Pipeline perspectives: What are the strengths and weaknesses of Canada’s pipeline system?

The “pipeline perspectives” blog series features views from pipeline critics and stakeholders who have agreed to share their ideas and concerns with the industry by participating in CEPA’s External Advisory Panel (EAP). Read more about the EAP here.

You’ve probably heard this before: “If you’re not moving forwards, you’re moving backwards.”

Pipeline companies know they need to constantly move their performance forward if they want to earn the trust of Canadians. That’s why CEPA is listening to feedback from people outside the industry. People like Dr. Bob Page.

Dr. Page, who is a director with the Alberta Environmental Monitoring Evaluation and Reporting Agency, has decades of experience finding ways to balance development and sustainability. As a member of CEPA’s External Advisory Panel (EAP), he is sharing with the industry his perspective on how to improve pipeline performance and public credibility.

In this Q & A, Dr. Page, who also chairs the International Environmental Standards Board (ISO 14,000 series) out of Geneva, Switzerland, shares his candid thoughts on the strengths and weaknesses of Canada’s pipeline system.

Q: What do you think is the greatest strength of Canada’s pipeline industry?

A: Our greatest strength is our professional experience and skills in building some of the longest and most difficult pipeline systems in the world.

Q: What is your greatest concern with the industry?

A: My greatest concern today is the public credibility deficit and lack of trust in the industry. I would like CEPA to be the leader in the design and implementation of new global ISO (International Organization for Standardization) pipeline integrity standards to show its leadership role and its commitment to pipeline integrity for itself and the industry.

The public has this view that pipelines are faulty and leak frequently, so by working with the acknowledged standards leader (ISO from Geneva), we document for public credibility that we have been a leader in designing and implementing the best pipeline standards in the world.

Q: You have an extensive background in finding a balance between environmental sustainability and economic development. What strengths does Canada’s pipeline industry have in terms of minimizing environmental impact? Where does the industry need to improve?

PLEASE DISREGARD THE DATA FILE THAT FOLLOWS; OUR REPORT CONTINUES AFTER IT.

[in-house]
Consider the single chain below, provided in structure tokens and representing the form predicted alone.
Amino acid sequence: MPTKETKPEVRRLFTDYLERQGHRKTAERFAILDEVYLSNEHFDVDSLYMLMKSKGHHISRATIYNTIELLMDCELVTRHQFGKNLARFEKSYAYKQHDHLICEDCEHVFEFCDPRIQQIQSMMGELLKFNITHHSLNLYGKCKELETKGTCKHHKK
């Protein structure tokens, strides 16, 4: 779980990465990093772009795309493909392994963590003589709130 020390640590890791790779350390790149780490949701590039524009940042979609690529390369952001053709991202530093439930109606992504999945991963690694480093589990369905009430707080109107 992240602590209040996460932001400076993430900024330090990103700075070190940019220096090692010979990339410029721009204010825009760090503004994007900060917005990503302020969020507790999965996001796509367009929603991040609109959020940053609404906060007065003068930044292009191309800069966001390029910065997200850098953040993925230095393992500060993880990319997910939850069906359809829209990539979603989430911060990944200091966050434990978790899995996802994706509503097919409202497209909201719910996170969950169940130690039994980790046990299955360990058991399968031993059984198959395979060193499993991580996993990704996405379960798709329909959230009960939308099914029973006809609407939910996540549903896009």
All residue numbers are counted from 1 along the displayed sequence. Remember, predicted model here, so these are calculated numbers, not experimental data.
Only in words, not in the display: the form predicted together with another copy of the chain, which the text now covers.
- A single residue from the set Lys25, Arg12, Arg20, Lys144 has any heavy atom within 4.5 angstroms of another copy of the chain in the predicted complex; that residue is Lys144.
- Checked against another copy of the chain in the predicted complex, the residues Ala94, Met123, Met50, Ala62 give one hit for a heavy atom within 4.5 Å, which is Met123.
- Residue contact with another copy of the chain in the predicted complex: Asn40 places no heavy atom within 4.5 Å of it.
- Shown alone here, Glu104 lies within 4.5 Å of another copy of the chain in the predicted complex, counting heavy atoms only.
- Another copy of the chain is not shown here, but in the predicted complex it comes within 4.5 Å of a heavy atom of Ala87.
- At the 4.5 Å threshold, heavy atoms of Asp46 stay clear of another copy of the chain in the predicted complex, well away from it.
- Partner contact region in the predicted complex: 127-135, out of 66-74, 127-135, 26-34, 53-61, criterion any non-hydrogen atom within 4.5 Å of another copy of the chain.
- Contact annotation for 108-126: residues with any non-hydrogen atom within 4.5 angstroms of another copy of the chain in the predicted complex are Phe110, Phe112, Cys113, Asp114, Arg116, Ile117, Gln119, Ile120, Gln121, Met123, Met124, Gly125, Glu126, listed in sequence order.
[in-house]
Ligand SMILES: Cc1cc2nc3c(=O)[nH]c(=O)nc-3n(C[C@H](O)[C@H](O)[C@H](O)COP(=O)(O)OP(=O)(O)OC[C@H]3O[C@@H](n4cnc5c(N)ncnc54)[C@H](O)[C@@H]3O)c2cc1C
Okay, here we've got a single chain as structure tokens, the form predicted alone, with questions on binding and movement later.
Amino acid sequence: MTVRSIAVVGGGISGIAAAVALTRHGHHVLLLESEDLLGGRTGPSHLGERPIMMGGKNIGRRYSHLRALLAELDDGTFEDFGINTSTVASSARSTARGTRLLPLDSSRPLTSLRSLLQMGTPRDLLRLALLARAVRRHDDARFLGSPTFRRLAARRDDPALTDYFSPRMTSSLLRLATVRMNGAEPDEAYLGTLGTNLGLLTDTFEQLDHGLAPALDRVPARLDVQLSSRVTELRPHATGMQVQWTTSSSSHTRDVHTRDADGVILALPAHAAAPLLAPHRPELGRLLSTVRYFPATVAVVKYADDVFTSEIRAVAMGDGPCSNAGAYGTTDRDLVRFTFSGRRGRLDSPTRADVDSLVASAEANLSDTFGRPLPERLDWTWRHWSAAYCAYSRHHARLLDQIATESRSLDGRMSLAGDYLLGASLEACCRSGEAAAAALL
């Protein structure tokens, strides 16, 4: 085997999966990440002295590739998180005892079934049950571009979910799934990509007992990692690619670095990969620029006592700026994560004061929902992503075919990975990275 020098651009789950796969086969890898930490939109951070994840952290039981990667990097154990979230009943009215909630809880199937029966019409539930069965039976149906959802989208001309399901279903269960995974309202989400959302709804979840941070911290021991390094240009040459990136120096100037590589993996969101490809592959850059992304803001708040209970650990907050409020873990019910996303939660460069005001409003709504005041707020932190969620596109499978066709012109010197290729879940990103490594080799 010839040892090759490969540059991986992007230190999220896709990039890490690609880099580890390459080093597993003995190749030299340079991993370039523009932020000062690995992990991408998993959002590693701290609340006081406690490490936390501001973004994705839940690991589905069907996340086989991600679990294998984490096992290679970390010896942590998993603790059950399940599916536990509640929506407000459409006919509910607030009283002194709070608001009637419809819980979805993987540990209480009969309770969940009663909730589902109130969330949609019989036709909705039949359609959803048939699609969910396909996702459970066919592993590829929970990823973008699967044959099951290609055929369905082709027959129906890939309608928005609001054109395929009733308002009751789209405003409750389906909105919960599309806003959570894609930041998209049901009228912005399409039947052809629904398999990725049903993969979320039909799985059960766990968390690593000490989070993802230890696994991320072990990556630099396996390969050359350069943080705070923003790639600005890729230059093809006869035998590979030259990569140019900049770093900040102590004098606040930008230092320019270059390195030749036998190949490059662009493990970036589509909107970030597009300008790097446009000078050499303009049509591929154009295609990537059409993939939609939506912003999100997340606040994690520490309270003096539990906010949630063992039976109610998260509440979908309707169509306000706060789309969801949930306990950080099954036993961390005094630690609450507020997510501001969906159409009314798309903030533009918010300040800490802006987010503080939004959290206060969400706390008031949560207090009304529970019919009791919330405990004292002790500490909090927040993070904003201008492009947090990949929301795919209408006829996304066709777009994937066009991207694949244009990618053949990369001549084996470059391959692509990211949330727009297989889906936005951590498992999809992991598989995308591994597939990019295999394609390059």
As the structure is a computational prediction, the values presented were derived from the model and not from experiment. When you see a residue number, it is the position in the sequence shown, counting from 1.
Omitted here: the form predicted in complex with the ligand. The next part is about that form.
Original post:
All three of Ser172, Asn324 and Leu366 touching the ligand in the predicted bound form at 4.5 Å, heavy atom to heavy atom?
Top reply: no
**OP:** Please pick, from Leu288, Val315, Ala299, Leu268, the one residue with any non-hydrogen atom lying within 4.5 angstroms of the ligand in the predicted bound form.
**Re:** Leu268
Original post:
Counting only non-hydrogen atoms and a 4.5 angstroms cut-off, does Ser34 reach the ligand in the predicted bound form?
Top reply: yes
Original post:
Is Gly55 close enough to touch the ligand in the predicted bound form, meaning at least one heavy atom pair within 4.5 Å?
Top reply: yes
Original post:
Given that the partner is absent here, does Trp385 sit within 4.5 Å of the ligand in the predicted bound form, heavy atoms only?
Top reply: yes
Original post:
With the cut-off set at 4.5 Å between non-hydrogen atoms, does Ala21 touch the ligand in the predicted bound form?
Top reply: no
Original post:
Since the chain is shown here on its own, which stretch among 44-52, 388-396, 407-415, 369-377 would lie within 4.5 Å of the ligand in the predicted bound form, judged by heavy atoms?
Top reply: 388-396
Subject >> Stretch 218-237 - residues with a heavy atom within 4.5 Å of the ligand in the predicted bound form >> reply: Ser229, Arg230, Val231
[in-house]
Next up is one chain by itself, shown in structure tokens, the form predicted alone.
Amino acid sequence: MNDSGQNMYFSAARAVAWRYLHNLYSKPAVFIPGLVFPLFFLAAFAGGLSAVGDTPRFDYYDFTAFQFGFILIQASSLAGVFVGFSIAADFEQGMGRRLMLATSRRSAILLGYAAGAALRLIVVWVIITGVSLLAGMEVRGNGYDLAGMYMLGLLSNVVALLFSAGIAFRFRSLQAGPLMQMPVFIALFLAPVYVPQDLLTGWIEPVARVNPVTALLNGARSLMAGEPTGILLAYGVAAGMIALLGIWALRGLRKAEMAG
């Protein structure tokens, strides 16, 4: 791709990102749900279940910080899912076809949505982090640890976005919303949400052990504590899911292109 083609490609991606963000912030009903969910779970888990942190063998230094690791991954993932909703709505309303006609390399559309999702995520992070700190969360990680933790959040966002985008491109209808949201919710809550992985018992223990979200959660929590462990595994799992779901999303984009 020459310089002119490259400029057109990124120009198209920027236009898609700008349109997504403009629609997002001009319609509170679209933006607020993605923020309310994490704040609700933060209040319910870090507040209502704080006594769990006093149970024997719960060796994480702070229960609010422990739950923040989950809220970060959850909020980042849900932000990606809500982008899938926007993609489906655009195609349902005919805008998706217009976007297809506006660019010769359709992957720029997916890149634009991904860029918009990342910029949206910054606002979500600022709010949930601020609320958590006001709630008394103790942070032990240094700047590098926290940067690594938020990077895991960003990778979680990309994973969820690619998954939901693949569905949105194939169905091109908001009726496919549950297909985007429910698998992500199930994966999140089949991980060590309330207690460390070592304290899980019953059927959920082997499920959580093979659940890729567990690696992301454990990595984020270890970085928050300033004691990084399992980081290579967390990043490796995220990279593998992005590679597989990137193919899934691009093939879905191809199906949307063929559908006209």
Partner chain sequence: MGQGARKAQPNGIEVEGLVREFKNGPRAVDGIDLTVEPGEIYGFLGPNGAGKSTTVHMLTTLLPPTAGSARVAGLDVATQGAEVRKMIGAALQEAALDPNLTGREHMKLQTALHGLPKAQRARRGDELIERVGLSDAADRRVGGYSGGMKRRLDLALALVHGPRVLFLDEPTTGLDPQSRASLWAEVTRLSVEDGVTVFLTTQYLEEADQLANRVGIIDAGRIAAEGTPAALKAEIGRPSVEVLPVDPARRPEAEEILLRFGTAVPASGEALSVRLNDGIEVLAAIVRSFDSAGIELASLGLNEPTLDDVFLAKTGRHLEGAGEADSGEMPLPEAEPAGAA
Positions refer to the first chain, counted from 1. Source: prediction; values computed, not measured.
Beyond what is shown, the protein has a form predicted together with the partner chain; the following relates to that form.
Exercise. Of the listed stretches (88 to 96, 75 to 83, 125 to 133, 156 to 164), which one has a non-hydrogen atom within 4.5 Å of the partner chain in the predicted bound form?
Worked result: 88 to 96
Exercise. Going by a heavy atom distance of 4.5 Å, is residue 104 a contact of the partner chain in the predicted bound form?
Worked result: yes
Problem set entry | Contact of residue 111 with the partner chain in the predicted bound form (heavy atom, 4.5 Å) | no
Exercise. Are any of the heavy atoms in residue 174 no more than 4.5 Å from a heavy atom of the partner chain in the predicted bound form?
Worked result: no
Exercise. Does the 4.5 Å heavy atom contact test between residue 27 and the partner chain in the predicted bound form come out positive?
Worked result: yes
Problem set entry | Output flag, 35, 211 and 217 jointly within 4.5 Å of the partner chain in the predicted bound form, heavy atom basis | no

A: Canada and the pipeline industry have extensive experience on finding the middle ground between the environment, First Nations and economic development within some of the harshest climates in the world.

Canada and the pipeline industry have extensive experience on finding the middle ground between the environment, First Nations and economic development within some of the harshest climates in the world.

Today, we need new policy and technology innovation, we need evidence-based policy discussion, and we need the industry to get its message out through independent third parties (such as think tanks and universities) with the public credibility that industry and governments lack.

The industry needs to improve the clarity of its science and technology communication and its risk taking by speaking through third parties. We have to recognize that in spite of all the efforts we are losing the battle today for public support.

Q: What role do you see pipelines playing in a sustainable future for Canada?

A: We are living in an era of transition from fossil to non-carbon fuels. However, oil and gas will be required – especially in the developing world – for many decades yet. In this era of transition, pipelines move oil and gas on land in the cheapest, safest, and most environmentally appropriate fashion. Our search for the perfect solution sometimes blinds us from the best (solution).

Want another perspective? Read other posts from CEPA’s EAP panelists:

  • A pipeline critic’s perspective: CEPA speaks with the Pipeline Safety Trust

The Canadian Energy Pipeline Association represents Canada’s transmission pipeline companies who operate approximately 115,000 kilometres of pipelines in Canada. In 2013, these energy highways moved approximately 1.2 billion barrels of liquid petroleum products and 5.3 trillion cubic feet of natural gas. Our members transport 97 per cent of Canada’s daily natural gas and onshore crude oil from producing regions to markets throughout North America.